Yesterday, I was reading one of my favorite blogs Regular Midwesterners, when I came across a comment that caught my attention and linked to a page that basically said if you were not “IVF-made” or adopted, then you should consider yourself lucky. Let me stress for a second that this page was linked to by a reader of Regular Midwesterners and is not affiliated with the site itself.
The blogs linked to from that original link, which I refuse to post here, were full of entries arguing against the use of donor sperm, eggs, or embryos and against adoption. I find it especially interesting that the first page even used the term “IVF-made” when the real point was to say that not being raised by both of your genetic “parents” is the problem. This, to me, already pokes holes in the validity of the argument, when you consider that IVF technology is often employed using the sperm and egg of the couple intending to raise the child. I am not saying that people are not entitled to their own opinions or feelings, but these blogs were what I would consider inflammatory and over-generalized, and the statement “ivf-mades and adoptees are adults like you, but not happy for the gift of life or feeling grateful or lucky to be adopted – candidly, you are lucky to not have either of these starts to your life,” in particular actually made me quite angry. The best I can do, since I am not an expert in the field of reproductive technology or the long term effects, is to tell you the story of two people who stand in direct contrast to the statement I quoted above – myself and my wife.
I do, in fact, consider myself lucky! Imagine for a moment that my parents had not so desperately wanted a child… It is not as though they made the decision to use donor sperm over having a child without assistance. It was obvious after nearly a decade of trying without assistance that they were not going to have a child that way. During that time, they also had a failed adoption attempt. They had so much love to give and wanted to share that with a child. So they sought out help. I had an amazing childhood. My parents were/are incredible parents, and now my mom is an amazing Granny. I have no doubt that had my father been given the chance, he would be over the moon at holding the title of Grandpa. I cannot imagine them not having had the opportunity to raise a child of their own, and I count myself lucky to have had them as my parents. I do not feel “abandoned” as some of these bloggers claim they do, because some stranger deposited his sperm in a specimen cup and donated it to be used for my conception. I actually feel quite the opposite. I feel loved and wanted, because my parents, the ones who raised me, wanted me badly enough to go to such lengths. Why would I feel abandoned by a sperm donor who quite frankly, I’m sure had sacrificed sperm for much, ahem, less noble causes?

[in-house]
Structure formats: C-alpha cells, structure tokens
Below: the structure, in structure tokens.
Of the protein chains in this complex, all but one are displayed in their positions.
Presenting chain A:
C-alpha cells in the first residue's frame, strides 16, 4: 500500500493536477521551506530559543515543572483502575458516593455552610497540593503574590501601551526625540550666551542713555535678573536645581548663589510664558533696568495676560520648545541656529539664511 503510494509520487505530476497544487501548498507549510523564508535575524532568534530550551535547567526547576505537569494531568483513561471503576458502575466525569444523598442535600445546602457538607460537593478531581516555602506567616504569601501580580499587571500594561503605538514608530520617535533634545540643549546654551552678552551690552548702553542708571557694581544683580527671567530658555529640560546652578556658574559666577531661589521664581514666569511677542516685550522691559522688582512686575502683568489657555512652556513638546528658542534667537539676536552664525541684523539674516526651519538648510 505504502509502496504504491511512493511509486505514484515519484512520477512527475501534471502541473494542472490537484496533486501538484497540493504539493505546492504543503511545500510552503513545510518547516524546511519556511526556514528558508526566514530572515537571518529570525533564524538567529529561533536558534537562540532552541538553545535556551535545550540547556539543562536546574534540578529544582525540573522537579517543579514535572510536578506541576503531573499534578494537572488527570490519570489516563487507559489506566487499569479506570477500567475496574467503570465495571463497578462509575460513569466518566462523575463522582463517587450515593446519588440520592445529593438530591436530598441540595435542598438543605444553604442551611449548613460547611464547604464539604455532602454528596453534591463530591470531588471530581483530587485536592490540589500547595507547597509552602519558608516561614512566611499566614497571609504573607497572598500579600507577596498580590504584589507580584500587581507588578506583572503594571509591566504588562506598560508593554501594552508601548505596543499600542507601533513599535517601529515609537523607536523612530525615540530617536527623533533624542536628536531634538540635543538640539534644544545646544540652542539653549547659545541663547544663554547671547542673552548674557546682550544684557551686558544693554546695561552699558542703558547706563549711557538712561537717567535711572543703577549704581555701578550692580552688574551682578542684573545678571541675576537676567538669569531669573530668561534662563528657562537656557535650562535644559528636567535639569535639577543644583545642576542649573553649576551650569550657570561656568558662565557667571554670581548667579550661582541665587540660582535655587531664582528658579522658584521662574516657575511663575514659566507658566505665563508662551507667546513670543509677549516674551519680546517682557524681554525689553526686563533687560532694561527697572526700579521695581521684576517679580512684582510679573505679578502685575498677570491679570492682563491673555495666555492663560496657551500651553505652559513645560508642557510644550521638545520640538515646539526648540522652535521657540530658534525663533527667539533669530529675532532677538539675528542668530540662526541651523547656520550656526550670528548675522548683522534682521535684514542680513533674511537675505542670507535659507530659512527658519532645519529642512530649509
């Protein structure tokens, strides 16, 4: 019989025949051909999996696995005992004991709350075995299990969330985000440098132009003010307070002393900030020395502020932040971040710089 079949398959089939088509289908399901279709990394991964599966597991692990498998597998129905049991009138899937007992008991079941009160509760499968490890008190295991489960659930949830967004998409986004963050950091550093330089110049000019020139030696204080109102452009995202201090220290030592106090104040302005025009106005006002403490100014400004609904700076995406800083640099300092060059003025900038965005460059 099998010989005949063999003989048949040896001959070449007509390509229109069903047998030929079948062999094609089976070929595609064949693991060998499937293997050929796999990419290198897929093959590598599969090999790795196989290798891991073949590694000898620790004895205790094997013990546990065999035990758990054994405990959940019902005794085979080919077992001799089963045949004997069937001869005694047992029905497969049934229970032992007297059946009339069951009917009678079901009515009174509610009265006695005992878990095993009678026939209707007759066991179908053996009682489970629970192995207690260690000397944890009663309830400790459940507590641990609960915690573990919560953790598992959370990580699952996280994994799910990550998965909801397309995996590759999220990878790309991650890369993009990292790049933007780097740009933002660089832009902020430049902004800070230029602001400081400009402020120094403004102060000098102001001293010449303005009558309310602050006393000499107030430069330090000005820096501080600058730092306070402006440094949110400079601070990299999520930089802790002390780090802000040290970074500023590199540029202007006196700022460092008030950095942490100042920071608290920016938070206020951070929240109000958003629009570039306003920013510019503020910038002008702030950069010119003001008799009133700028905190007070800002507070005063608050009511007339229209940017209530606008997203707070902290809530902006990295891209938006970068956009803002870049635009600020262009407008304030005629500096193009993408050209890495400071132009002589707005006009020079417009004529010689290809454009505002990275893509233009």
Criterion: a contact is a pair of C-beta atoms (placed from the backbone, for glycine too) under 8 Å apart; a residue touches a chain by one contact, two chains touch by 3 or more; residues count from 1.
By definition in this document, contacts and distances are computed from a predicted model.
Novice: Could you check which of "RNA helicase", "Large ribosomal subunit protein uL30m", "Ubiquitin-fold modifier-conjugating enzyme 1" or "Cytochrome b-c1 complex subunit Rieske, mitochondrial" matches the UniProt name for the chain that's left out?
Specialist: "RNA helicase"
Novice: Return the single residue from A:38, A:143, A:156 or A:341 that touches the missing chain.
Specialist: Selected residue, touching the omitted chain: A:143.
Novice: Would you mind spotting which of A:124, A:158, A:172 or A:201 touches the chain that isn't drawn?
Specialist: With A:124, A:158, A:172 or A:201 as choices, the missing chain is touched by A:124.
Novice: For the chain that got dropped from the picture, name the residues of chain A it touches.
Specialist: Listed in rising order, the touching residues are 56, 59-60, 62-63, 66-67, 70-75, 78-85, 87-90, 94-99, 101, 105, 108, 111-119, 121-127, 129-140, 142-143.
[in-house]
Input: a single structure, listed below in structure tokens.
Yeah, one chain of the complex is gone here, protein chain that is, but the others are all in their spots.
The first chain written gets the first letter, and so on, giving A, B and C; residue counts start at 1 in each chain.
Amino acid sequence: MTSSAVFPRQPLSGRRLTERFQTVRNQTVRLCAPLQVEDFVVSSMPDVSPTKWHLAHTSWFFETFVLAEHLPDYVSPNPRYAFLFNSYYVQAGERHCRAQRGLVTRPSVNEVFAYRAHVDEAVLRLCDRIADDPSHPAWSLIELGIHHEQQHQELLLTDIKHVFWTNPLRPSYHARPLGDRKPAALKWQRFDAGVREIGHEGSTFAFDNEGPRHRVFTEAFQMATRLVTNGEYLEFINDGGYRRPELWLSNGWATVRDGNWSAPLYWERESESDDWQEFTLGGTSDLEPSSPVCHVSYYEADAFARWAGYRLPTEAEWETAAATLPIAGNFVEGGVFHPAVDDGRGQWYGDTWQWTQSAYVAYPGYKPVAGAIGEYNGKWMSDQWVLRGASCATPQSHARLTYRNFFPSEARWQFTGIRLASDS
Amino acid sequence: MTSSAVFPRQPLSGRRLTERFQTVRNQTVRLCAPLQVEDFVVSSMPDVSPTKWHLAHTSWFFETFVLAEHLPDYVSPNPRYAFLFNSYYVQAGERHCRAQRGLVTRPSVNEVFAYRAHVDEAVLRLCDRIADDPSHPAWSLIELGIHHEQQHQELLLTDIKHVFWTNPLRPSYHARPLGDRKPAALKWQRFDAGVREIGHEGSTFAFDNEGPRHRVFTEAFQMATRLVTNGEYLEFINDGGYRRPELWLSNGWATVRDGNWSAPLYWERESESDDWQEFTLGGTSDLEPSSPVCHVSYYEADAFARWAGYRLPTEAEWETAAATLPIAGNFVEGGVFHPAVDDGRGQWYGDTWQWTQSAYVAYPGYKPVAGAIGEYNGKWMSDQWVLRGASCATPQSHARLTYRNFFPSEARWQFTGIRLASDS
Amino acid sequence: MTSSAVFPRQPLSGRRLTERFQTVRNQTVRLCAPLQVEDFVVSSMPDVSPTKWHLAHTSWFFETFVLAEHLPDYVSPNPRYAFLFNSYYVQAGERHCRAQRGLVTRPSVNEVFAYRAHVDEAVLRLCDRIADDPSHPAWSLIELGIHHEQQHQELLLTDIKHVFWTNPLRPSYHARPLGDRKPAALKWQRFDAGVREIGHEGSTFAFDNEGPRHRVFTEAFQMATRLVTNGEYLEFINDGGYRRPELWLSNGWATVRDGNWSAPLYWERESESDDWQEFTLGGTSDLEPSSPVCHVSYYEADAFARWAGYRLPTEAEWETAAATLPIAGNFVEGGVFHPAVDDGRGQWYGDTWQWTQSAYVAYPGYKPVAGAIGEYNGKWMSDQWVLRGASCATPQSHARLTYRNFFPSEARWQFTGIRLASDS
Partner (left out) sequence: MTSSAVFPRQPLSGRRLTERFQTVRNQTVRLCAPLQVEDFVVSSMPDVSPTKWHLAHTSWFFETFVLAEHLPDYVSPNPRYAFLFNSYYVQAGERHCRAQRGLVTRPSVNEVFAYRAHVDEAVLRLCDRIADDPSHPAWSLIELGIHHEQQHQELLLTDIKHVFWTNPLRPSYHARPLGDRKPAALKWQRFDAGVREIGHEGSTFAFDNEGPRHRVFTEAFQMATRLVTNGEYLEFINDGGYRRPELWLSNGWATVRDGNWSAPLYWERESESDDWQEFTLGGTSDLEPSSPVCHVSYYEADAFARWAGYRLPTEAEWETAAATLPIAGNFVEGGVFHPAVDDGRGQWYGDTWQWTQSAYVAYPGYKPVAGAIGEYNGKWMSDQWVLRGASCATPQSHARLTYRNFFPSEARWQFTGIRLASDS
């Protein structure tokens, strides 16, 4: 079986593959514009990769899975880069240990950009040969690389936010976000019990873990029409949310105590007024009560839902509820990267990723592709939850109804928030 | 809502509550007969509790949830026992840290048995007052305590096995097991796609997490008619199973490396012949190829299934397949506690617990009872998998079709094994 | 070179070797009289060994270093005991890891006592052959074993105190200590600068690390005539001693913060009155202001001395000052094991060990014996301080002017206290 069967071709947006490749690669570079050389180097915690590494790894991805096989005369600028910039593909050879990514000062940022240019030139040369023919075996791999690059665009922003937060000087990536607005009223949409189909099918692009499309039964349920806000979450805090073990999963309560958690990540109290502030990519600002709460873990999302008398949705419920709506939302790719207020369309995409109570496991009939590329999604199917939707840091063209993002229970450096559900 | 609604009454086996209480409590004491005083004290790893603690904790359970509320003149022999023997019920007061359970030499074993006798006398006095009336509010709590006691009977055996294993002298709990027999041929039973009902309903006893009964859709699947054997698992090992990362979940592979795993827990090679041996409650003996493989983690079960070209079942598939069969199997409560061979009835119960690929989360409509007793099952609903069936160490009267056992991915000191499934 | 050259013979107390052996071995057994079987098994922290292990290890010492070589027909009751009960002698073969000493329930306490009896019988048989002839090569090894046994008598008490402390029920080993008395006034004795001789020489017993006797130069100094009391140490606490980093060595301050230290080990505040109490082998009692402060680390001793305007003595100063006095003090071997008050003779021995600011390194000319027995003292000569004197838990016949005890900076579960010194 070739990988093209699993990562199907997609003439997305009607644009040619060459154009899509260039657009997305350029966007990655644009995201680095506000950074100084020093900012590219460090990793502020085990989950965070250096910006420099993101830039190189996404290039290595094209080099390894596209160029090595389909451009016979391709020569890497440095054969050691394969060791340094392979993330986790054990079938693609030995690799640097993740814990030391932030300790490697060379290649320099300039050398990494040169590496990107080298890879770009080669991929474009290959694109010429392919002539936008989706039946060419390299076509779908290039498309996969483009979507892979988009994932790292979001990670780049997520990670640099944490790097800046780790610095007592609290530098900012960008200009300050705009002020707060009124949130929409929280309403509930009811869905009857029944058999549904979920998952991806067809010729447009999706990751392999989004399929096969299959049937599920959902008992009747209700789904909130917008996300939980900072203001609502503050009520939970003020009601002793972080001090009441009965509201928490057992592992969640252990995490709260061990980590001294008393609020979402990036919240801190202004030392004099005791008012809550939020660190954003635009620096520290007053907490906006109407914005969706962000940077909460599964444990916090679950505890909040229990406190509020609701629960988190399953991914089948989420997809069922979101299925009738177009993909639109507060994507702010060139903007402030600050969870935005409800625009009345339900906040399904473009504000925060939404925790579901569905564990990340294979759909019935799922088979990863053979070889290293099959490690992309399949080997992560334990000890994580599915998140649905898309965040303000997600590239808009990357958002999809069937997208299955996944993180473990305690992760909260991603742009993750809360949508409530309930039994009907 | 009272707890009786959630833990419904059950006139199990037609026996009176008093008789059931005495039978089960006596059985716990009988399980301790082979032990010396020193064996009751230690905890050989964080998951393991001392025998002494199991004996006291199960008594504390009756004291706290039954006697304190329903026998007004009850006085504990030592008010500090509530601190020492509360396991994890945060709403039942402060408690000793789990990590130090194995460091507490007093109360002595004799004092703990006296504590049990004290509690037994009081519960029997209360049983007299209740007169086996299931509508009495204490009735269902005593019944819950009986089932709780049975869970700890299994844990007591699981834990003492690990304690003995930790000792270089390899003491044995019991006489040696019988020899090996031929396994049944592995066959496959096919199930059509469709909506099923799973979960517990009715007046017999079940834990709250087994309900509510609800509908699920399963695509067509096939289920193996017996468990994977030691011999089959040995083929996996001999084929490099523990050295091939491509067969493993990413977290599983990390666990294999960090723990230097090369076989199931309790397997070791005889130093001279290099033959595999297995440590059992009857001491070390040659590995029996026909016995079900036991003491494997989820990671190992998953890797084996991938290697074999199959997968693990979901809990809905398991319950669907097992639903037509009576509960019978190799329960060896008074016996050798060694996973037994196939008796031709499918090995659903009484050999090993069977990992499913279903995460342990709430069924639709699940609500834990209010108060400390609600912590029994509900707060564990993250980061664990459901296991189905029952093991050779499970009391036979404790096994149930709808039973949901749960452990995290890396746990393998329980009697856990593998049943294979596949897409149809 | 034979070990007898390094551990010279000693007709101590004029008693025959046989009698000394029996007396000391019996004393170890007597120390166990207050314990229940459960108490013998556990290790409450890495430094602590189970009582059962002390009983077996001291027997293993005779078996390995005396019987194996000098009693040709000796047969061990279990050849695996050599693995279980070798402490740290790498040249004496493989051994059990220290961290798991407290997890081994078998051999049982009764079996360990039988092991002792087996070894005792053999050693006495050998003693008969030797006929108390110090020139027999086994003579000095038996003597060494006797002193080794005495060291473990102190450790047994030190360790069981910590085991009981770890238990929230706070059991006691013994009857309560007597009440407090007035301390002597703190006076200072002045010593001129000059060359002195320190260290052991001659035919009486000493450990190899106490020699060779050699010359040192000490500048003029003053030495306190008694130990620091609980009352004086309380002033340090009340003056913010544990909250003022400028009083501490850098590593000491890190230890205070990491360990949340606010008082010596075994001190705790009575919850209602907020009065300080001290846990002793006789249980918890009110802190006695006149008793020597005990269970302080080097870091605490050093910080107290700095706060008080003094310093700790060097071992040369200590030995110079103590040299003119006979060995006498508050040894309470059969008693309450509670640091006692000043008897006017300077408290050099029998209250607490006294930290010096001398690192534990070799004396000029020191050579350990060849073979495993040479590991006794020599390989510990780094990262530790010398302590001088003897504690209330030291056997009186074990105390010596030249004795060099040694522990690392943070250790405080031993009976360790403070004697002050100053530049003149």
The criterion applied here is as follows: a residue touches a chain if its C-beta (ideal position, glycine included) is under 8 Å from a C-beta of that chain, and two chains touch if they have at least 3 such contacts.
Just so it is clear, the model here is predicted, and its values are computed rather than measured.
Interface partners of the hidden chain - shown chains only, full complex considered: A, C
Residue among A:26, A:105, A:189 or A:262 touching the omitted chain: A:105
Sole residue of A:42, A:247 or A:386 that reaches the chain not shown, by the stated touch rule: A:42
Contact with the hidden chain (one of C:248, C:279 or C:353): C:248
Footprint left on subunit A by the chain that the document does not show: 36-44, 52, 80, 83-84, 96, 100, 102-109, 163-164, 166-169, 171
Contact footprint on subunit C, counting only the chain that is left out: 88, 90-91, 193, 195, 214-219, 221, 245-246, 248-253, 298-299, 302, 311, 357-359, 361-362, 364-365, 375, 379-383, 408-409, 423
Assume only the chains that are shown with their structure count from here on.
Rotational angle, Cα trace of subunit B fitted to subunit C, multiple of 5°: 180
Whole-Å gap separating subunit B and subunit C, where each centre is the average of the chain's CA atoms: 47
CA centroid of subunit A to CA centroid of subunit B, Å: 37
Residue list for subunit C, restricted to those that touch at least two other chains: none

As I have mentioned before, my wife, “Mommy” was adopted. I cannot speak for her directly, but I will share some of the things she has told me that make it very clear she is grateful to have been adopted and would disagree with the above statement as well. She has told me that she does not feel abandoned. This is someone who was left at an orphanage by her birth parents. She doesn’t feel abandoned, because she was chosen. Her adoptive family had all these children to choose from, and they picked her. She was wanted. She also feels fortunate, because at the time of her adoption, she was not doing well in the orphanage and required medical treatment including a blood transfusion. Her adoptive family took her in despite her illness and made sure she had what she needed. Even after adoption, she did not have an easy childhood with the loss of her adoptive mother to a terminal illness. She still feels grateful to have been adopted. She would love to find her biological family, but that desire is not mutually exclusive with feeling fortunate and is definitely not an indication that she feels abandoned.
So color us happy, grateful, AND lucky – all those things we’re not supposed to be as the product of artificial insemination with donor sperm and as an adoptee. I hope this entry gives comfort to those of you who are raising children whom you have adopted or have conceived with the help of reproductive technologies and/or donor sperm. We don’t all grow up resenting those who gave us life or gave us a home. Some of us will be forever grateful and love you all the more!!
Note: This post was read and approved by Mommy before publication.